From the perspective of political liberalism, populism erodes the institutional anchoring of public reason in a supreme or constitutional court and confines reasonability to an occasional virtue of political actors. However, populism is also unreasonable in very commonsensical ways. For instance, it violates the commonsense intuition that a separation ought to exist between any game being played and the rules that define it. It places the rules of the game in the hands of the players (and their fans) while they are playing the game. Furthermore, the idea of reinterpreting the constitutional essentials in light of the orientations of the electorate is self-defeating: a legal order with a constitution that promptly adapts to the changing orientation of the majority of citizens is no different from a polity with no constitution at all. Populism leads to an implicit de-constitutionalization of our democratic regimes.

A third ingredient of populism is the rejection of pluralism or a belief in justified intolerance. Populism presupposes not only — like non-populist deliberative democracy — the existence of a knowable common good, but also that “there is only one proper common good to be discerned by the authentic people. Hence … there can be no such thing as a legitimate opposition.[5]

Justified intolerance explains another facet of the populist outlook: impatience with internal dissent. The leader in chief reaches out directly to the rank and file, there is less collegiality in decision-making, and a smaller number of intermediate organizational layers between the rank and file and the leader in chief: a feature shared in common with fascism.

Finally, populism is a curious flipside of technocratic neo-liberalism: both reduce the plurality of options to one right interpretation of the popular will or one right technical solution (think of Thatcher’s TINA acronym), eliminating the space of reasonable disagreement — the core of any liberal approach to democracy.

How can liberal-democracy respond to the populist challenge?

Not simply by seeking to entrench constitutionalism as we know it. The populist upsurge is a dubious response to real problems. Countering the symptom will not suffice: we need to grasp and undermine the causes of populism, to win back Joe the Plumber and isolate the racist, white-supremacist, fascist-like fringes of populism. Two causes of the populist upsurge are a) the exponential growth of inequality worldwide and b) the new absolute power that disembedded financial markets exert on democratic legislatures.

We live in societies where profits increasingly originate from financial gains, not from manufacture or services: in 2010, 40% of all profits in the US were estimated to have come from finance, and this is an expanding trend. During this momentous transformation towards financialization, the value of labor has constantly been diminishing and the impact of this process goes well beyond the economic sphere. It fuels and sustains a steep rise of inequality. Not only the income and wealth of the top 1% of the population have reached levels incomparable with the everyday reality of everybody else, as the social movements claiming to represent “the 99%” testify, but a deep restructuring of the basis of inequality has been underway. Rent is back. This new inequality, based on financial rent, rather than profits from productive activities, has profoundly negative implications for democracy: as Piketty has argued, it undermines “the meritocratic values and principles of social justice fundamental to modern democratic societies.” [6]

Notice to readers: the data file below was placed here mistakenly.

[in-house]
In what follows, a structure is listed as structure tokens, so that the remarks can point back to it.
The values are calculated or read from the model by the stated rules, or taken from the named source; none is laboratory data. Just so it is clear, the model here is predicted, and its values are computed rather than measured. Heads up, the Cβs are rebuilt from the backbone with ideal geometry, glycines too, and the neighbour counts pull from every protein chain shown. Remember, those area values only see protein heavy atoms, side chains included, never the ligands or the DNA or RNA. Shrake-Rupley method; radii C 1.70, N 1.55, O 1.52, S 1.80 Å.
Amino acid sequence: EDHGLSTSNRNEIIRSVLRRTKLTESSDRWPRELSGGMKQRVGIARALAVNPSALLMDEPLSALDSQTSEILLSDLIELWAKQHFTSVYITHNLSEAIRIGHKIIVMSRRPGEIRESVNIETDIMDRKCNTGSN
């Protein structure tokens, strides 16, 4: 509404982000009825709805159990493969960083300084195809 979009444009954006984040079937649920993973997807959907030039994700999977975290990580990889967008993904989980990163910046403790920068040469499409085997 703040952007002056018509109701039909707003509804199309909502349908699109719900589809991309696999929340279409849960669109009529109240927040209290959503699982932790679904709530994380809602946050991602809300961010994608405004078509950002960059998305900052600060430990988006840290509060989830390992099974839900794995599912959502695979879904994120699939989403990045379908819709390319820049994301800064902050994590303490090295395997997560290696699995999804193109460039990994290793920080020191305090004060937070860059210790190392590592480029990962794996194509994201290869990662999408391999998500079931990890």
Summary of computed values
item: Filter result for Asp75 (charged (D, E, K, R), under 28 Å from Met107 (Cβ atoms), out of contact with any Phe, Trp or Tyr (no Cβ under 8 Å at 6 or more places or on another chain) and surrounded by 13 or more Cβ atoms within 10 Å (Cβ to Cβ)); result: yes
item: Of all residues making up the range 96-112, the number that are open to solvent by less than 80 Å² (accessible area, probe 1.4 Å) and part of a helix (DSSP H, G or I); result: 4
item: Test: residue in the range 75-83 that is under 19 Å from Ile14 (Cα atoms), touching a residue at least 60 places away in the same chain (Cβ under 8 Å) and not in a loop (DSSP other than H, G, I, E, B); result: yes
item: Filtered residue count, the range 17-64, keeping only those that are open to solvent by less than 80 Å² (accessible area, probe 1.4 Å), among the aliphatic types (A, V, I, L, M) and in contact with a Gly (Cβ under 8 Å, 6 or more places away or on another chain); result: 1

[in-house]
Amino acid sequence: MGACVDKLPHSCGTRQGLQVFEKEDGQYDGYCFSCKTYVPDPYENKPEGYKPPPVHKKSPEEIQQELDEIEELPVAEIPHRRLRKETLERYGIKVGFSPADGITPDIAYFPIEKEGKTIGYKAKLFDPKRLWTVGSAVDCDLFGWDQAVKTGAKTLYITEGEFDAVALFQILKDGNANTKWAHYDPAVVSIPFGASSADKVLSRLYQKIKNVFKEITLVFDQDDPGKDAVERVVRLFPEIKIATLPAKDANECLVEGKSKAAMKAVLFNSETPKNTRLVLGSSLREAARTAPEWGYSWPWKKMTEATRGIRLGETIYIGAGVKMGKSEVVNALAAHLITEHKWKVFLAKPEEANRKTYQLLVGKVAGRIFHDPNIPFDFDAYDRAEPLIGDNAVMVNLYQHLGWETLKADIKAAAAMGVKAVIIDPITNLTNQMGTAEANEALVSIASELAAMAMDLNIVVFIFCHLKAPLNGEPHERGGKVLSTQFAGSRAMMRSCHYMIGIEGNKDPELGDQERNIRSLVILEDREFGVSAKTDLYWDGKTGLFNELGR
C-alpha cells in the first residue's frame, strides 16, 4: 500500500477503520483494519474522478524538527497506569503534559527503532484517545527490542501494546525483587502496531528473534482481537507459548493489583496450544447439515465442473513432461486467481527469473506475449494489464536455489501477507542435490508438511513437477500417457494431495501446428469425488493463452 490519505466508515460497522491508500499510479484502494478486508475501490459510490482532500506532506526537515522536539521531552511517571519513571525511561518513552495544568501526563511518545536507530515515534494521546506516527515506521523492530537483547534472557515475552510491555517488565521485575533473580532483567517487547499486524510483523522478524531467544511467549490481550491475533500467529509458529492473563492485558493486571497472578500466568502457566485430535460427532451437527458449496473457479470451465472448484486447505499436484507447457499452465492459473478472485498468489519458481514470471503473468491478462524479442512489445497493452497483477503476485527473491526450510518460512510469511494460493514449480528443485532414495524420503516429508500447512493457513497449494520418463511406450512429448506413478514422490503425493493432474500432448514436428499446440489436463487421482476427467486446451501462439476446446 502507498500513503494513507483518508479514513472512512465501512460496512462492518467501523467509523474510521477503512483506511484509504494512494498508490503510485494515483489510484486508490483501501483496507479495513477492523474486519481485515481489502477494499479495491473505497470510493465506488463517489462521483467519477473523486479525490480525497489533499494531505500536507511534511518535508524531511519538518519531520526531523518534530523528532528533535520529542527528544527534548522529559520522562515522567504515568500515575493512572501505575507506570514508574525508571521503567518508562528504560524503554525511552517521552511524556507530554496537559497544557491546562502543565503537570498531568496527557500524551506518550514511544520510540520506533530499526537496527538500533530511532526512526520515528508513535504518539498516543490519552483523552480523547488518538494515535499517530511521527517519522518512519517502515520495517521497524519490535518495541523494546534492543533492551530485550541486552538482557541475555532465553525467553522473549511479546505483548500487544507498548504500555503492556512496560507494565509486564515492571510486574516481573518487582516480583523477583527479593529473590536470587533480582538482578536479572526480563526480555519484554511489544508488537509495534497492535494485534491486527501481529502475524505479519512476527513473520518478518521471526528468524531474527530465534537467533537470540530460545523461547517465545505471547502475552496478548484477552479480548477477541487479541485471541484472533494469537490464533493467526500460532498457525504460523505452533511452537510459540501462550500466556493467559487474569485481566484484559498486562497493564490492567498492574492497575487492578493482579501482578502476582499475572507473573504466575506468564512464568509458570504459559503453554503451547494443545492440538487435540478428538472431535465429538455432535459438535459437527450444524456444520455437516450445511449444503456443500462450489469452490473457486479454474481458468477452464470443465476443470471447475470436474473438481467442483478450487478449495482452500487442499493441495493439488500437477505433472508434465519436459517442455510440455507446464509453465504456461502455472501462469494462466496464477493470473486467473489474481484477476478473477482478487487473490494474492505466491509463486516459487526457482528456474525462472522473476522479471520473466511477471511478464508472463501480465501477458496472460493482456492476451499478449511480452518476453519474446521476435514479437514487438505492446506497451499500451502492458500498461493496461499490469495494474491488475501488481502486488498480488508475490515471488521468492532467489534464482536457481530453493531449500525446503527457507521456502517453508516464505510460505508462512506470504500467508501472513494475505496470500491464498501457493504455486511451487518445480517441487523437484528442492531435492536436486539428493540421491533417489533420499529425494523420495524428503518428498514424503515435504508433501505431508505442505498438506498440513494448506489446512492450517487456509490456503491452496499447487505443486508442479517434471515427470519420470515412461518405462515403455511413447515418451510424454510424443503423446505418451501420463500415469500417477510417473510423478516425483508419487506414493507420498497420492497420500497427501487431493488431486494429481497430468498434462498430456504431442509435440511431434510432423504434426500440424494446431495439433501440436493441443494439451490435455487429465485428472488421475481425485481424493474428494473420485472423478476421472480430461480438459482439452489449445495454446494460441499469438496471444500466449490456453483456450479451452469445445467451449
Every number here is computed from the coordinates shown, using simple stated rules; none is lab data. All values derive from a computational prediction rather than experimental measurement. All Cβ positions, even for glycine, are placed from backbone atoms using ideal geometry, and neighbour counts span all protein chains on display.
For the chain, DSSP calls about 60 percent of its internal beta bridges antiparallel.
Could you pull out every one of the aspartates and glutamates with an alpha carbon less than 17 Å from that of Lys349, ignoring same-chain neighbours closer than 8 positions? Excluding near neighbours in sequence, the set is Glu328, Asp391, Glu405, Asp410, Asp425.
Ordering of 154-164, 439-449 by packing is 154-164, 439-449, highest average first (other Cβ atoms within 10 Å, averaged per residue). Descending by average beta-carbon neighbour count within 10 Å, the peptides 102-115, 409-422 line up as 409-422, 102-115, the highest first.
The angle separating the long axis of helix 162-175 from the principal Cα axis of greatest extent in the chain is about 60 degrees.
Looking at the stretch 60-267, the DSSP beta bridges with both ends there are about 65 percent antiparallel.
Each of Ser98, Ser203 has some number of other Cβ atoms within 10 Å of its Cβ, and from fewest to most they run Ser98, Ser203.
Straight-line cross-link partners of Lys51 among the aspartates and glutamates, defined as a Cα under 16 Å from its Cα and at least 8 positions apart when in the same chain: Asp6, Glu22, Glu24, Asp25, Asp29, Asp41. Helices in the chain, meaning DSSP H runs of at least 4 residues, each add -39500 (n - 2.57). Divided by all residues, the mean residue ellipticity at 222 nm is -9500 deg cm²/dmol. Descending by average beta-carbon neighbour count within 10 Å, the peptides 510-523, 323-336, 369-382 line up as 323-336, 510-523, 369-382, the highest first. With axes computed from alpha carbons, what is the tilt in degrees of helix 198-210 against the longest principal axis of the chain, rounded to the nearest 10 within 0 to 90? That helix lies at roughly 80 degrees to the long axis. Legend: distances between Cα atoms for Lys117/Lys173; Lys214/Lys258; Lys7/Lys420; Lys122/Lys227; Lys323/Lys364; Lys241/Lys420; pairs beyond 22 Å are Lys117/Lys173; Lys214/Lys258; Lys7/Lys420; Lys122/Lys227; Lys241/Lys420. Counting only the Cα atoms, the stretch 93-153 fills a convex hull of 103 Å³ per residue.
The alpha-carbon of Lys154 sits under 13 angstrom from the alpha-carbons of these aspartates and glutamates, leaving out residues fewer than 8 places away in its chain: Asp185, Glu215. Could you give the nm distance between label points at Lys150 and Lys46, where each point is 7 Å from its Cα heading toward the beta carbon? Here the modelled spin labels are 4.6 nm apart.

Furthermore, financial markets now wield an absolute power over the democratic polities that long ago defeated the absolute power of kings. To be sure, markets are immersed in a web of regulatory provisions — statutes, guidelines, regulations, benchmarks. But the law itself — especially statutory law — is often drafted in anticipation of what markets are “willing” to accept. In this sense, markets influence law-making more than the law influences markets: therein lies the absoluteness of their power.

Just as absolute monarchs could dissolve or convene parliaments — think of the tensions between the Stuart monarchy and the Westminster parliament in the 17th century — so today’s markets have the power to withdraw legitimacy from democratic lawmaking by way of dispensing or withholding prosperity. Seven democratic governments in Europe have been brought down by the pressure of the markets in the wake of the 2008 crisis: in Portugal (2009), Spain (2011), Greece, Ireland, Iceland (2009), Italy (2011) and Latvia (2011).

Populism cannot be eradicated unless rampant inequality and the absolute power of disembedded financial markets are offered remedies other than protectionist closure. Instead, center-left progressive parties have flirted with the markets’ absolute power, promising to tame it in the general interest, in fact failing to represent those most exposed to it. This is the moment of truth in the narrative of the “forgotten man.” The prospect for reclaiming liberal-democracy is linked with the ability to offer an alternative response.

Outlining such alternative response cannot rest on identifying one linchpin-like panacea policy. Just as Roosevelt’s New Deal tamed the power of 1920’s capitalism through a combination of 4 or 5 policies, so countering the absolute power of disembedded financial markets will require a combination of distinct measures [7] and the jettisoning of two dogmas: a) mistrust of the law and b) the stigma on consumption.